Tricky one. I almost grouped it with my flops, but I did enjoy some moments. I think it just came into my life at the wrong time.
My main problems with this book are kind of personal.
I could relate much more to Elf (the suicidal sister) than Yoli (the protagonist). This frustrated me beyond belief. I know what it’s like for others to ignore your mental health until you feel beyond saving. I know what it’s like for them to equate alive with okay. I know what it’s like for them to strip your control away in the name of safety. I know what it’s like for them to be satisfied as long as you’re living, even if that life is miserable. I know what it’s like for them to finally give up from exhaustion.
I recently de-activated my Facebook to take space from my family, following similar thoughts. This book felt ill-timed, like salt on my wound.
All My Puny Sorrows
Fiction, Contemporary, Canadian, Mental Health
You won’t forget Elf and Yoli, two smart and loving sisters. Elfrieda, a world-renowned pianist, glamorous, wealthy, happily married: she wants to die. Yolandi, divorced, broke, sleeping with the wrong men as she tries to find true love: she desperately wants to keep her older sister alive. Yoli is a beguiling mess, wickedly funny even as she stumbles through life struggling to keep her teenage kids and mother happy, her exes from hating her, her sister from killing herself and her own heart from breaking.
But Elf’s latest suicide attempt is a shock: she is three weeks away from the opening of her highly anticipated international tour. Her long-time agent has been calling and neither Yoli nor Elf’s loving husband knows what to tell him. Can she be nursed back to “health” in time? Does it matter? As the situation becomes ever more complicated, Yoli faces the most terrifying decision of her life.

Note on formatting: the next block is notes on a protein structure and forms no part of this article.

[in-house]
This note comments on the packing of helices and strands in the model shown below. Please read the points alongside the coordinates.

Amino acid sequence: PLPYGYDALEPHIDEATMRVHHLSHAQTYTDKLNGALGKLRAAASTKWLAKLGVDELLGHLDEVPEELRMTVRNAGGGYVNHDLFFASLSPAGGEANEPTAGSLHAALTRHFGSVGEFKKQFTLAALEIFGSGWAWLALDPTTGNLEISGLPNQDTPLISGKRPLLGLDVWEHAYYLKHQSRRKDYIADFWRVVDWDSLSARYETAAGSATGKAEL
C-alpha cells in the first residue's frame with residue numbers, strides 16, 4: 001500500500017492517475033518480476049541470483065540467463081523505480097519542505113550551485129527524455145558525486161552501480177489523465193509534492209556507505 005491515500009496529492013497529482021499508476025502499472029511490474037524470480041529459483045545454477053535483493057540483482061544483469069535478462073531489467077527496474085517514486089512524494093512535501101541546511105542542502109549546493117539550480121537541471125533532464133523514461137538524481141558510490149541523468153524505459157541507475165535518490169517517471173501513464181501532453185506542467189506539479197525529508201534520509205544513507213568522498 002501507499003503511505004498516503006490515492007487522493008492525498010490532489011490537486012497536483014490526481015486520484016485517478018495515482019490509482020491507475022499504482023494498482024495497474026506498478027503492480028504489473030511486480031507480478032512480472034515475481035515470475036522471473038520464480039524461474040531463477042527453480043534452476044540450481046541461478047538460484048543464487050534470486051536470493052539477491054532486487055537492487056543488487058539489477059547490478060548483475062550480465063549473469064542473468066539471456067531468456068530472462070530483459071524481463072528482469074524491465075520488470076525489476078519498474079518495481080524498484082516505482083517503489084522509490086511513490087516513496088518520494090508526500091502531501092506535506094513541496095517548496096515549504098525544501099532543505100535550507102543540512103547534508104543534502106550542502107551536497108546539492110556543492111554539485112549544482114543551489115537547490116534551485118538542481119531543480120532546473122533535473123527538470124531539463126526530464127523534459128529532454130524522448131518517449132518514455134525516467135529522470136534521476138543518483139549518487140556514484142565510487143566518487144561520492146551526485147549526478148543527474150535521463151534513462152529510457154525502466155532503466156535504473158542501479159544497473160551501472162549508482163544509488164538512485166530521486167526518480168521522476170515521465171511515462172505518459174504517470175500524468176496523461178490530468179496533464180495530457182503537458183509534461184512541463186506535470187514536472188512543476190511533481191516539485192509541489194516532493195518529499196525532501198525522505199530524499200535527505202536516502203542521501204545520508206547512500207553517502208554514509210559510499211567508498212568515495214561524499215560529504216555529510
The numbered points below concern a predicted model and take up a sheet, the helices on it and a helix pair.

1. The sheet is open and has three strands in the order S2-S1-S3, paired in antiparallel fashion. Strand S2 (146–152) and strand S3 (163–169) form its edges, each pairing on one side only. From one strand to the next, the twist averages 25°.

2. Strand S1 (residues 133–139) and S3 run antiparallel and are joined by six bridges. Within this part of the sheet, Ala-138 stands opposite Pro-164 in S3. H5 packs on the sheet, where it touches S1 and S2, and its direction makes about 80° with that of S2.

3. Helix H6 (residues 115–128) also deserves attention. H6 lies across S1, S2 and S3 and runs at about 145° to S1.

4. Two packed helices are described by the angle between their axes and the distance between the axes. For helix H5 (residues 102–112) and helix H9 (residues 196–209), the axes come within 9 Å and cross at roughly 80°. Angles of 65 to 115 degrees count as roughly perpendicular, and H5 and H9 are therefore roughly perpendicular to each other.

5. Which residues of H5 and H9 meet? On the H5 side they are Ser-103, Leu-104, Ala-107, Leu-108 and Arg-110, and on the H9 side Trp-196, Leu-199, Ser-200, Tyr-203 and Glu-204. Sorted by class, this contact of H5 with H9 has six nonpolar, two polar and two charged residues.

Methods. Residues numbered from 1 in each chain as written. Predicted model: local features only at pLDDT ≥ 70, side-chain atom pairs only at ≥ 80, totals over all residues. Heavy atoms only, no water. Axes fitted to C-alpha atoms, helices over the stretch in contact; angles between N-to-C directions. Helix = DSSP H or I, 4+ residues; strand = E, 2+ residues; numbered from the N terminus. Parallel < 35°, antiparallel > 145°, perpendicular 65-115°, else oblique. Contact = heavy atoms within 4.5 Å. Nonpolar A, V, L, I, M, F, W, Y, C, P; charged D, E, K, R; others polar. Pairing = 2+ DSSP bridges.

All My Puny Sorrows, at once tender and unquiet, offers a profound reflection on the limits of love, and the sometimes unimaginable challenges we experience when childhood becomes a new country of adult commitments and responsibilities. In her beautifully rendered new novel, Miriam Toews gives us a startling demonstration of how to carry on with hope and love and the business of living even when grief loads the heart.
10 jan 2023
17 jan 2023
I don’t know why I kept reading this book, but it wasn’t escapism. Elf’s family reminded me of my own, although they’re much more involved in her life.
I enjoyed some moments, but others left me frustrated. I’m not sure what to think of Yoli and Elf’s bond. Their love felt real, but I disliked how often Yoli spoke/thought about Elf (like she could just ‘decide to live’ or she was a burden, or she was selfish for hurting others). Those feelings are valid, but not nicest for someone struggling with mental health to read.
I was involuntarily hospitalized for suicide in Canada and couldn’t help compare my experiences. Some of Elf’s treatment in the book was realistic, but some of it was not. (ex: If we didn’t come to the dining hall every meal, we were physically dragged, restrained and force fed. If we repeated this, we got sent to an isolated section) (another ex: my uncle tried to sneak me fast food and almost got tackled) Perhaps it has to do with different provinces addressing mental health differently.
The theme of assisted suicide took me a little by surprise. I have mixed feelings about where they took it.
I appreciated the history of suicide in the family & that Elf’s misery were not painted as a mysterious thing that sprouted from her genius. Generational trauma plays a big role in her misery, perhaps the biggest.
I wish I discovered this book at a different time, but I don’t regret reading it. It was alright.
Find this author & book
Leave a Reply